On Edwin Jackson's 'luck' and some minor matters
Cubs manager Dale Sveum might have raised a few eyebrows Sunday when he said part of pitcher Edwin Jackson’s problem in Sunday’s 8-4 loss to the Diamondbacks was bad luck.
It’s a tough sell, to be sure and one that Cubs TV man Len Kasper also discussed on this morning Mully and Hanley show on the Score (670-AM in Chicago). Jackson has had his obvious problems, as his 1-8 record and 6.29 ERA attest. But Sveum isn’t entirely wrong, and one stat backs him up to a degree. Jackson has a batting average on balls in play (BABIP) of .358. Most of you who read this blog are familiar with BABIP. It essentially takes home runs, strikeouts and walks out of the equation, because those outcomes do not put the ball into play.
The theory goes that the pitcher has little or no control over what happens when a ball is put into play. A hard line drive might be caught. A jam shot off the fist might fall into right field for a bloop double. Or the D’Backs’ Jason Kubel might hit a ball through the Cubs’ well-intentioned shift, as he did for a single on Sunday.
The average for BABIP usually settles in at about .300 for a season, which means Jackson could be due for a correction, and some better luck. When you look at Jackson’s fielding-independent pitching, which is scaled to ERA, it reads a respectable 3.65.
No doubt Jackson needs to pitch better and throw with more “conviction” as Sveum puts it. But he could be unlucky, too.
According to fangraphs.com, Jackson’s groundball/flyball ratio has gone from 1.32 last year with Washington to 2.04 with the Cubs. The line-drive percentage has gone from 16.8 to 22. The groundball rate has gone from 47.3 to 52.4. The flyball rate has gone from 35.8 to 25.7.
More groundballs mean more chances for baseballs to find holes. We’ll see how it goes the rest of the season.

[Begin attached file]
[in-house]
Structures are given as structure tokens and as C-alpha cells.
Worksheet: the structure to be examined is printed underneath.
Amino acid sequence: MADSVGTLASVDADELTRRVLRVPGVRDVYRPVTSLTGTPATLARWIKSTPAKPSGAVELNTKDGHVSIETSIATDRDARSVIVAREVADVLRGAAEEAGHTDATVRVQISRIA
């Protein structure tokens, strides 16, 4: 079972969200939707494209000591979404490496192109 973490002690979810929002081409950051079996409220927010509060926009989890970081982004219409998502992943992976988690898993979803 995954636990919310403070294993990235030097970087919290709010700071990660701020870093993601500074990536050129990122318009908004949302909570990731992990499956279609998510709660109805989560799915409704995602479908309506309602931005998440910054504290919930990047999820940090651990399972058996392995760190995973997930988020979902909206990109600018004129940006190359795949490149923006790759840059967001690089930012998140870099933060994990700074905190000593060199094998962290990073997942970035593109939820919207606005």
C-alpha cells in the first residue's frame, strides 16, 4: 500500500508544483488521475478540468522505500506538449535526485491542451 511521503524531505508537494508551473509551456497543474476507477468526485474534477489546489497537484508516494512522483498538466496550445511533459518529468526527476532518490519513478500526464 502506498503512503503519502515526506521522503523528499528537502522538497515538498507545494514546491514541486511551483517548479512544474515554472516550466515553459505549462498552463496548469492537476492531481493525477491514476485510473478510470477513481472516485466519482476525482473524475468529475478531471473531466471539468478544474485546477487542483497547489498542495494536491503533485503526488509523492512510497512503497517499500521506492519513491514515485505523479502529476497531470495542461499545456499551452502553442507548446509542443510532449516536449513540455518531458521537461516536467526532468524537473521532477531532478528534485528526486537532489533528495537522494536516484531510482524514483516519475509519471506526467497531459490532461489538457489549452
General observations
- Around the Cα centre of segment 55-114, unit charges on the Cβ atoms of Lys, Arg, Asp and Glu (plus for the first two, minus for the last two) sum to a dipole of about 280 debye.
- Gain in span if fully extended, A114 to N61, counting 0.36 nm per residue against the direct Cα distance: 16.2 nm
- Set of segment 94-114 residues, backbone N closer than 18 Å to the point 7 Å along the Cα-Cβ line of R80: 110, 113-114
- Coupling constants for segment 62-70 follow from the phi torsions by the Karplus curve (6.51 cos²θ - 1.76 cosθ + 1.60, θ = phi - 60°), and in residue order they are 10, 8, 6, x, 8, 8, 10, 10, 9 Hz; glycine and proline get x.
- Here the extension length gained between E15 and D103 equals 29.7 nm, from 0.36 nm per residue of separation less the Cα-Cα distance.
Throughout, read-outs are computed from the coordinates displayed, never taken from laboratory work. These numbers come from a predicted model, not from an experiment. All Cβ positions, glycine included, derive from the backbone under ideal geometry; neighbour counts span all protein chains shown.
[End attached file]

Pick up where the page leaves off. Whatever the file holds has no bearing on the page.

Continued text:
Here are the BABIPs and FIPs for other Cubs starters:
Jeff Samardzija: .269 BABIP and 3.06 FIP
Travis Wood: .218 BABIP and 3.63 FIP
Scott Feldman: .254 BABIP and 3.93 FIP
In the minor leagues, Dustin Geiger and Kyle Hendricks are the Cubs’ player and pitcher of the month, respectively, for May.
Geiger, 21, batted .307 (31-for-101) with 8 doubles, 1 triple, 3 home runs and 23 RBI in 27 May games for Class A Daytona. He drew 11 walks that contributed to a .368 on-base percentage He had a .495 slugging percentage. His 23 RBI ranked tied for third-most in the Florida State League while his 8 doubles ranked sixth and his 31 hits were tied for seventh. He was named the league’s player of the week for May 13-19, hitting .469 (15-for-32) with 7 doubles, a triple, 2 home runs and 7 RBI in eight games.
Currently, Geiger has a hitting line of .303/.370/.478 with 6 homers and 47 RBI. He was a 24th-round draft choice in 2010 out of Merritt Island (Fla.) High School. Scout Lukas McKnight is credited in the Cubs media guide. Jason McLeod, the Cubs’ scouting and player-development boss, called Geiger one of the system’s pleasant surprises.
Hendricks, 23, went 4-1 with a 1.95 ERA (7 ER/32.1 IP) in 5 May starts for Class AA Tennessee, striking out 25 compared to just 5 walks. He surrendered 1 home run in 32.1 innings pitched and limited the opposition to a .230 batting average (28-for-122). Hendricks’ 4 May victories tied for the Southern League lead while his 1.02 WHIP ranked tied for fifth, and his 1.95 ERA was seventh.
Acquired from Texas with infielder Christian Villanueva for pitcher Ryan Dempster last July 31, Hendricks is in his first year at the Double-A level. Eight of his 11 outings have been quality starts, and he has pitched into the seventh inning in 6 starts.
Hendricks was the winner for Tennessee Monday, throwing a 7-inning complete-game shutout in a 2-0 victory in Game 1 of a doubleheader against Jackson. Hendricks is 6-2 with a 2.20 ERA. He gave up 7 hits while walking one and striking out seven.
Elsewhere in the minors, Steve Clevenger began his rehab at Class AAA Iowa Monday, going 1-for-3, with a double and 3 RBI in a 10-5 loss to New Orleans. Brett Jackson had his first 4-hit game of the year, going 4-for-6 with a homer, his fourth.